Female60%
Male42%
Blackn/a
Asiann/a
Asian/Pacific Islandern/a
Hispanic37%
Native Americann/a
Pacific Islandern/a
White53%
Low income35%
Not low income66%
Special education8%
Not special education56%
Limited Englishn/a
Migrantn/a

Reading

All Students74%
Female87%
Male62%
Blackn/a
Asiann/a
Asian/Pacific Islandern/a
Hispanic63%
Native Americann/a
Pacific Islandern/a
White75%
Low income60%
Not low income88%
Special education17%
Not special education81%
Limited Englishn/a
Migrantn/a

Science

All Students59%
Female68%
Male51%
Blackn/a
Asiann/a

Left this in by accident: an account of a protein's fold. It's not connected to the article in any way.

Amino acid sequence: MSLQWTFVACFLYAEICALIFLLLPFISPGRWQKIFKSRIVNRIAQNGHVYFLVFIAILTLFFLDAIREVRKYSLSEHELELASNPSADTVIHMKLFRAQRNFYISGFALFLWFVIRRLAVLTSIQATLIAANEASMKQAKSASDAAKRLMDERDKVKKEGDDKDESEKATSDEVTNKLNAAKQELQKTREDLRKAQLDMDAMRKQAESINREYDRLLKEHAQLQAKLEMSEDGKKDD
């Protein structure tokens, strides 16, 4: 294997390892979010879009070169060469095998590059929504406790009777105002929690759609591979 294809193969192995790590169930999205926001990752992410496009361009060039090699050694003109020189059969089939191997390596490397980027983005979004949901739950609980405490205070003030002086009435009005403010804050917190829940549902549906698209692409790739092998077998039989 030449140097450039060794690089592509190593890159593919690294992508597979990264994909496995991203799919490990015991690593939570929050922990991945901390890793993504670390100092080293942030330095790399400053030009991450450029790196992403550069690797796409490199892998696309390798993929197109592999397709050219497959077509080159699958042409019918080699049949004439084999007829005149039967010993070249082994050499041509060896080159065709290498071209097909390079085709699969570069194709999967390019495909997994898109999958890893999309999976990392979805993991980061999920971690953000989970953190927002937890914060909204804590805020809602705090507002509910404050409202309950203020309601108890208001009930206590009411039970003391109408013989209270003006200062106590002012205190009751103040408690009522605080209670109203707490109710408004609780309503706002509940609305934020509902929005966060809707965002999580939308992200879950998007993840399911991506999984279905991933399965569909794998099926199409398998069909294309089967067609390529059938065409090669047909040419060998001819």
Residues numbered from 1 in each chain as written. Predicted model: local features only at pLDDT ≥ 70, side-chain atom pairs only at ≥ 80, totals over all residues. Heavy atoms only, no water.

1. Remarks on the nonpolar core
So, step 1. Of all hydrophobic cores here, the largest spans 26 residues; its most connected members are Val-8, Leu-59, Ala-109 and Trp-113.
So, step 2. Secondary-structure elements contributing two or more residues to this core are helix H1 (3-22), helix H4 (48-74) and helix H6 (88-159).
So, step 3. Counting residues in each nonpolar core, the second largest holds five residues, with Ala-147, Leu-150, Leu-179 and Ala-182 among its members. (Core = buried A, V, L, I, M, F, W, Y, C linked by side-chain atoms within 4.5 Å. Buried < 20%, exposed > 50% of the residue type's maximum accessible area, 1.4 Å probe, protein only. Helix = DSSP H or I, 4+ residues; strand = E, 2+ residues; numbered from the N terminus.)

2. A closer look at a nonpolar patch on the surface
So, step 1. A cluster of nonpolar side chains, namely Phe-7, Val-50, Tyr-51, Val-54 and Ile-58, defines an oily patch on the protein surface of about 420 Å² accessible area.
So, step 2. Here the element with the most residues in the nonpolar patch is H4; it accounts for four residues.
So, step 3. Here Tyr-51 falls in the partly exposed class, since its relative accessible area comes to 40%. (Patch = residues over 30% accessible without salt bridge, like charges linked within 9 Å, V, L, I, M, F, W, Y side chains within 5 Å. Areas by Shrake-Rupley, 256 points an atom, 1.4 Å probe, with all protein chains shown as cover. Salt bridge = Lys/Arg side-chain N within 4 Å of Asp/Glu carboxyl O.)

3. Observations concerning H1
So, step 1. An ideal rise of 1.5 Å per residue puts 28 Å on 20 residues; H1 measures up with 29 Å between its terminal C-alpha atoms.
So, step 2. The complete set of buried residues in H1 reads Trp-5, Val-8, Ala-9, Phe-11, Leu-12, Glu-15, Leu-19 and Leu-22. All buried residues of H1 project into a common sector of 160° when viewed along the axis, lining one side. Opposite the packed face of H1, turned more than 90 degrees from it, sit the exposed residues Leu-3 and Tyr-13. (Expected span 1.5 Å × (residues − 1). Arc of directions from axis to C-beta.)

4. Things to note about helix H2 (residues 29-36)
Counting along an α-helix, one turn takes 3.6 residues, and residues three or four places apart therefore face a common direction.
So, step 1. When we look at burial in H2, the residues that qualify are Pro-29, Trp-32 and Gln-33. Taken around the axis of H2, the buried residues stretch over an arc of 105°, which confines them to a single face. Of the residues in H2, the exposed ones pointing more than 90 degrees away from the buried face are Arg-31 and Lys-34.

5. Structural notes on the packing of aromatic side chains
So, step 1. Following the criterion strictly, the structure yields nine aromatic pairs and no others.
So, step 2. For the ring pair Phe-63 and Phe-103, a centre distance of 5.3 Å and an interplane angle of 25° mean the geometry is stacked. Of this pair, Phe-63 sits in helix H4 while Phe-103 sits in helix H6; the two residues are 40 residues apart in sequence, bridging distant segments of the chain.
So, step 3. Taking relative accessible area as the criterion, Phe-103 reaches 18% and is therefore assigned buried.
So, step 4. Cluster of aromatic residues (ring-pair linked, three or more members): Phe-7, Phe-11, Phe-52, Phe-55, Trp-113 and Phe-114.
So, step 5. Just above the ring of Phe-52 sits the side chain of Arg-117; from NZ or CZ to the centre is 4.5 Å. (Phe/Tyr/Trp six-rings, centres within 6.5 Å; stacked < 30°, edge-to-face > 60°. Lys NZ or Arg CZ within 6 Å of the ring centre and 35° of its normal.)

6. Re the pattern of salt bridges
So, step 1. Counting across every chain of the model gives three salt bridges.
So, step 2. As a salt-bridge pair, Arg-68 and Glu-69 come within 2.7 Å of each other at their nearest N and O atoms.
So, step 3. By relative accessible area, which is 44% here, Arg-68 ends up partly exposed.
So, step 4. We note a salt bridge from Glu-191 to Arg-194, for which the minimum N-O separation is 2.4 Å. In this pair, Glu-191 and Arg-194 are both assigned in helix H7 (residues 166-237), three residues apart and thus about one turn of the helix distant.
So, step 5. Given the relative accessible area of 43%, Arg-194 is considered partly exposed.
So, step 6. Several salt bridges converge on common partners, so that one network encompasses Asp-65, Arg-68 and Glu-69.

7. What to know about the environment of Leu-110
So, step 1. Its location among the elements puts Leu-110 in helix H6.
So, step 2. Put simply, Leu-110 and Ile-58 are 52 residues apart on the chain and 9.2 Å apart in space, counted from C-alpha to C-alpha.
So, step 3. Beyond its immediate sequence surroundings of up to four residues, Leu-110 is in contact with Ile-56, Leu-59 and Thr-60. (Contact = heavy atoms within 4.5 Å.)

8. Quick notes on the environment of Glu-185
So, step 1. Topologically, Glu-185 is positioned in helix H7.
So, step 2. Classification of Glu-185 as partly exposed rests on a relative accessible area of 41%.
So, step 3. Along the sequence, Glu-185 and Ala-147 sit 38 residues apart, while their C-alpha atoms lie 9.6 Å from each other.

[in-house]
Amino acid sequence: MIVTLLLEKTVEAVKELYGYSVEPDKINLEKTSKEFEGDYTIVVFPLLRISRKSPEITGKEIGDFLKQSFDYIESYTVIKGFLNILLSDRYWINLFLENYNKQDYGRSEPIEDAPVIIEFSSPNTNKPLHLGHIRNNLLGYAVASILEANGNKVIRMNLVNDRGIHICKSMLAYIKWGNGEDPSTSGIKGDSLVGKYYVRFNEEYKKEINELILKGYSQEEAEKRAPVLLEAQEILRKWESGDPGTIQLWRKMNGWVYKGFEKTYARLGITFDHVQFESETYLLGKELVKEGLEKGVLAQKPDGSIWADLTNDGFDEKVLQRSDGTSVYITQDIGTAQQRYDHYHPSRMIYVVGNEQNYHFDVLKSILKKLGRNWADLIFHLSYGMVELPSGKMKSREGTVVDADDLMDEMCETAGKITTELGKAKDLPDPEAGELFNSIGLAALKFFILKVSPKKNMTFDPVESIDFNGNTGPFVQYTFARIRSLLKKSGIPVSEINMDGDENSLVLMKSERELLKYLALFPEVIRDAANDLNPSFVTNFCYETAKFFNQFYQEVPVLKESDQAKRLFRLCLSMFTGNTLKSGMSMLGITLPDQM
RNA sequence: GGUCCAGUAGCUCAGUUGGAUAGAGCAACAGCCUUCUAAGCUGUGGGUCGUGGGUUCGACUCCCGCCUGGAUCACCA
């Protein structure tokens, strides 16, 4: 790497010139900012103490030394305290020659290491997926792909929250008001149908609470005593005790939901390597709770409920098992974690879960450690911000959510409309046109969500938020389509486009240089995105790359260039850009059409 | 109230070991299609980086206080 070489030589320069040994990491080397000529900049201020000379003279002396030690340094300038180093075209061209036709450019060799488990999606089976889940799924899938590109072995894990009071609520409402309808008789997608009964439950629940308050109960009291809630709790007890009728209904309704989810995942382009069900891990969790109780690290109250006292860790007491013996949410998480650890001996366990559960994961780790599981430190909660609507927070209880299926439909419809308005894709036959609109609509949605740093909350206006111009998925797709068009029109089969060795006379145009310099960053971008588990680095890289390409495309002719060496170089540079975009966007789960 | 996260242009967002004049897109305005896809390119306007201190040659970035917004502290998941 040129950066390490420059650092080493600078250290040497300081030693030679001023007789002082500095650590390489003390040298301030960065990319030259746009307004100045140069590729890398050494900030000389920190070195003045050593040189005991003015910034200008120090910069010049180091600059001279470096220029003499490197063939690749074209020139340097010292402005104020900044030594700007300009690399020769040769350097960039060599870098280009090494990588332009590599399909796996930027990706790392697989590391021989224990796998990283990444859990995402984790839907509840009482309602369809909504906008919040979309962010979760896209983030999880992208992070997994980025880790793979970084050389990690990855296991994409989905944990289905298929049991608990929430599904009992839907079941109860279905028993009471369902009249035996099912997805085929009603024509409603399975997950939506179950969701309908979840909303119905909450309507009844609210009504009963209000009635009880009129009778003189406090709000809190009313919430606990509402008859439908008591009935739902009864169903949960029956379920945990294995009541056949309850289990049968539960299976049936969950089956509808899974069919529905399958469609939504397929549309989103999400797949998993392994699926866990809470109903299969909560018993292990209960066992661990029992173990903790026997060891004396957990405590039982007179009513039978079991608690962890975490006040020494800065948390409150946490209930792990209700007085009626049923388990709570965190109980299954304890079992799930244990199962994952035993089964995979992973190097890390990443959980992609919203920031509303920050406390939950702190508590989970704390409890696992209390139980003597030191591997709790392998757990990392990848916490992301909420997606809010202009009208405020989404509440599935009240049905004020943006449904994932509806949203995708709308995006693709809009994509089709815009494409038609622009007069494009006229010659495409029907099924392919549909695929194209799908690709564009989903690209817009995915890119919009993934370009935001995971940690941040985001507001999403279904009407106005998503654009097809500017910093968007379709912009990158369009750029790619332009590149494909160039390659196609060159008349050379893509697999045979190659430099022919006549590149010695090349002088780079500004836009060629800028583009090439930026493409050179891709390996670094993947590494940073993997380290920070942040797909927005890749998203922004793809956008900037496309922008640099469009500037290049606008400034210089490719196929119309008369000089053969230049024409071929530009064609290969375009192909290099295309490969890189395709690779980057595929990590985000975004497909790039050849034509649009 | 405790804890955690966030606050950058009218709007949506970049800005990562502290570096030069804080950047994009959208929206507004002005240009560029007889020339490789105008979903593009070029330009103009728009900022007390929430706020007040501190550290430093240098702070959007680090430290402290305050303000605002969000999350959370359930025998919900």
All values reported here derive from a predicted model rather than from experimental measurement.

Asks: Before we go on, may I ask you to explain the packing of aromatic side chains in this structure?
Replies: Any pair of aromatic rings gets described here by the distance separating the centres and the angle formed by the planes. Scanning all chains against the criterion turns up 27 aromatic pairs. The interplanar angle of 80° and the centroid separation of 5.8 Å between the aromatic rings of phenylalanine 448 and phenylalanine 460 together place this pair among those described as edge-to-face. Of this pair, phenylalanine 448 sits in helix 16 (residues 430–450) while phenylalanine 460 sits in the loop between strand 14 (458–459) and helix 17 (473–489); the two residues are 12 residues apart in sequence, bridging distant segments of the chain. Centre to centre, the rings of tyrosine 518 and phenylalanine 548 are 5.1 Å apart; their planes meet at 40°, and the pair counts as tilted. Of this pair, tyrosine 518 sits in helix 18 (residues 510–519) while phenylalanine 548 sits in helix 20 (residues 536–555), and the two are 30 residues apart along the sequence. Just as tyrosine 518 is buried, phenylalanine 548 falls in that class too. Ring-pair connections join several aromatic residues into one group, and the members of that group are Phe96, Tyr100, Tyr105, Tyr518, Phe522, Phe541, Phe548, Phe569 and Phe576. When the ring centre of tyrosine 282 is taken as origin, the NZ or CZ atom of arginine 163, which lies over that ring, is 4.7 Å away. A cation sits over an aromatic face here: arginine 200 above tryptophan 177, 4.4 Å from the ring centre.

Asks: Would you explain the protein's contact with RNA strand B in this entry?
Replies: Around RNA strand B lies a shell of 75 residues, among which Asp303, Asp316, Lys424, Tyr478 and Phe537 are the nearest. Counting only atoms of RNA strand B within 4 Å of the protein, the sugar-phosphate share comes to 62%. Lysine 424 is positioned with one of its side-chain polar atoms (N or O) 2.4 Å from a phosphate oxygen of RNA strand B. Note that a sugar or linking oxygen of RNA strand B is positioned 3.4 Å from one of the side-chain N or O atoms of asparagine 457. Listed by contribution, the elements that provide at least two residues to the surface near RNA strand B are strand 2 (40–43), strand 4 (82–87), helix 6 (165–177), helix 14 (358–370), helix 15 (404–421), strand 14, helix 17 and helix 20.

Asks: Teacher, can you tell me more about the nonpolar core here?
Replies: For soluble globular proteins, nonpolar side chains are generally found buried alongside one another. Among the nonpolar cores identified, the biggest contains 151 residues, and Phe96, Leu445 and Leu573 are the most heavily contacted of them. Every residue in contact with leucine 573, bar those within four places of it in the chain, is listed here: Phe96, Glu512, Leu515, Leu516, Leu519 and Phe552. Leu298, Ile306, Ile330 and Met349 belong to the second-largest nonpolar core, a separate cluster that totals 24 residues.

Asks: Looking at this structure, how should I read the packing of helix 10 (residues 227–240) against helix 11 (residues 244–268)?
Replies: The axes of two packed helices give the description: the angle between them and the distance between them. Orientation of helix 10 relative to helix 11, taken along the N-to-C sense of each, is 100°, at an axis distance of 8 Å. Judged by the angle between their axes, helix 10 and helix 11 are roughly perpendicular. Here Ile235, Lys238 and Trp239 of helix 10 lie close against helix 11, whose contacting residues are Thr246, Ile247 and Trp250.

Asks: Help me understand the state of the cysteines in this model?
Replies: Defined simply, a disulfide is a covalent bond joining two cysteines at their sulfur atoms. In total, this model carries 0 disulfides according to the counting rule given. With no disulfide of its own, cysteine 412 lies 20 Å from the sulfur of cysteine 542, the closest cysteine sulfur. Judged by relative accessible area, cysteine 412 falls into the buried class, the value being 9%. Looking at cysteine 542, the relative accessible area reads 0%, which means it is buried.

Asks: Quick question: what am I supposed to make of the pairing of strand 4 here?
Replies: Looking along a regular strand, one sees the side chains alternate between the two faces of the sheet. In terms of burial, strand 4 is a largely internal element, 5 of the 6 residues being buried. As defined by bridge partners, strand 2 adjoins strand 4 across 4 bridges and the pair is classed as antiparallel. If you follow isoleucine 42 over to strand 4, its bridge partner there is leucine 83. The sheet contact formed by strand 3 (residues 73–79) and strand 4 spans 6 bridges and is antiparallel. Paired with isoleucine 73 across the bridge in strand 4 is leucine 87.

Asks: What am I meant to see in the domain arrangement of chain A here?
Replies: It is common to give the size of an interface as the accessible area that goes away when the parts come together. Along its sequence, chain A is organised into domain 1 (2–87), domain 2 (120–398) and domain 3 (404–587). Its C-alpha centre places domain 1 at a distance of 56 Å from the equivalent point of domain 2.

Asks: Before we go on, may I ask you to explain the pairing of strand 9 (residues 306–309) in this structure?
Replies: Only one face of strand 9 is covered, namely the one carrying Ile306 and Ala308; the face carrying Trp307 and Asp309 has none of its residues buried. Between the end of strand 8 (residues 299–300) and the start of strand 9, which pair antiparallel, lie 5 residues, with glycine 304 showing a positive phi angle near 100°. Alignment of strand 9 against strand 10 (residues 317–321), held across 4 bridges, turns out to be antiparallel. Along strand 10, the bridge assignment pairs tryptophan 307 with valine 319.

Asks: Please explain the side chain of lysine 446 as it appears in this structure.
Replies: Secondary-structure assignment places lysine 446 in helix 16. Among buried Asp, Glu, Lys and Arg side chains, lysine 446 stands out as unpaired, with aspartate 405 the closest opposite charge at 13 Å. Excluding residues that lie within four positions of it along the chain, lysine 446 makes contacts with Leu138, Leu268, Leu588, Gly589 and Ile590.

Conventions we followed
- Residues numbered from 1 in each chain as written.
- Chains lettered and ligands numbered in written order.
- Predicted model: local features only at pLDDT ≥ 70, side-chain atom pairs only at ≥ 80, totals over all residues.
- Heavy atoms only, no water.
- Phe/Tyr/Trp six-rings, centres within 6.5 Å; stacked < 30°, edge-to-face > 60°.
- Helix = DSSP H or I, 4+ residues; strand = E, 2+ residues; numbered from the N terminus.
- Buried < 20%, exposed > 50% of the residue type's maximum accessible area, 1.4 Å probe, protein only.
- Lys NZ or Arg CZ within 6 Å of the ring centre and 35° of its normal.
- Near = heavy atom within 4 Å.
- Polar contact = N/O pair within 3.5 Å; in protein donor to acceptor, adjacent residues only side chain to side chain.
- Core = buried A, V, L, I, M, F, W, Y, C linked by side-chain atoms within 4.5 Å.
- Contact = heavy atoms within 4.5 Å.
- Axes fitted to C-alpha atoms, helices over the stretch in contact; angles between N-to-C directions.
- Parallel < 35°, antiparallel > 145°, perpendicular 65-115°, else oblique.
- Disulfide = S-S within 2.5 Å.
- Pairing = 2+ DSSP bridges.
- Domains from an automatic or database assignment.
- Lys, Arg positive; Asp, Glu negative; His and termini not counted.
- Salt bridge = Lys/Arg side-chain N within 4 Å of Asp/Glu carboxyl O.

Asian/Pacific Islandern/a
Hispanic42%
Native Americann/a
Pacific Islandern/a
White61%
Low income48%
Not low income70%
Special education8%
Not special education66%
Limited Englishn/a
Migrantn/a
Scale: % basic, level 3, or level 4

About the tests


In 2012-2013 Washington used the Measurements of Student Progress (MSP) to test students in reading and math in grades 3 through 8, in writing in grades 4 and 7, and in science in grades 5 and 8. The MSP is a standards-based test, which means it measures how well students are mastering specific skills defined for each grade by the state of Washington. The goal is for all students to score at or above the state standard.

The different student groups are identified by the Washington Office of Superintendent of Public Instruction. If there are fewer than 10 students in a particular group in a school, the state doesn't report data for that group.

Source: Washington Office of Superintendent of Public Instruction

Math

All Students56%
Female52%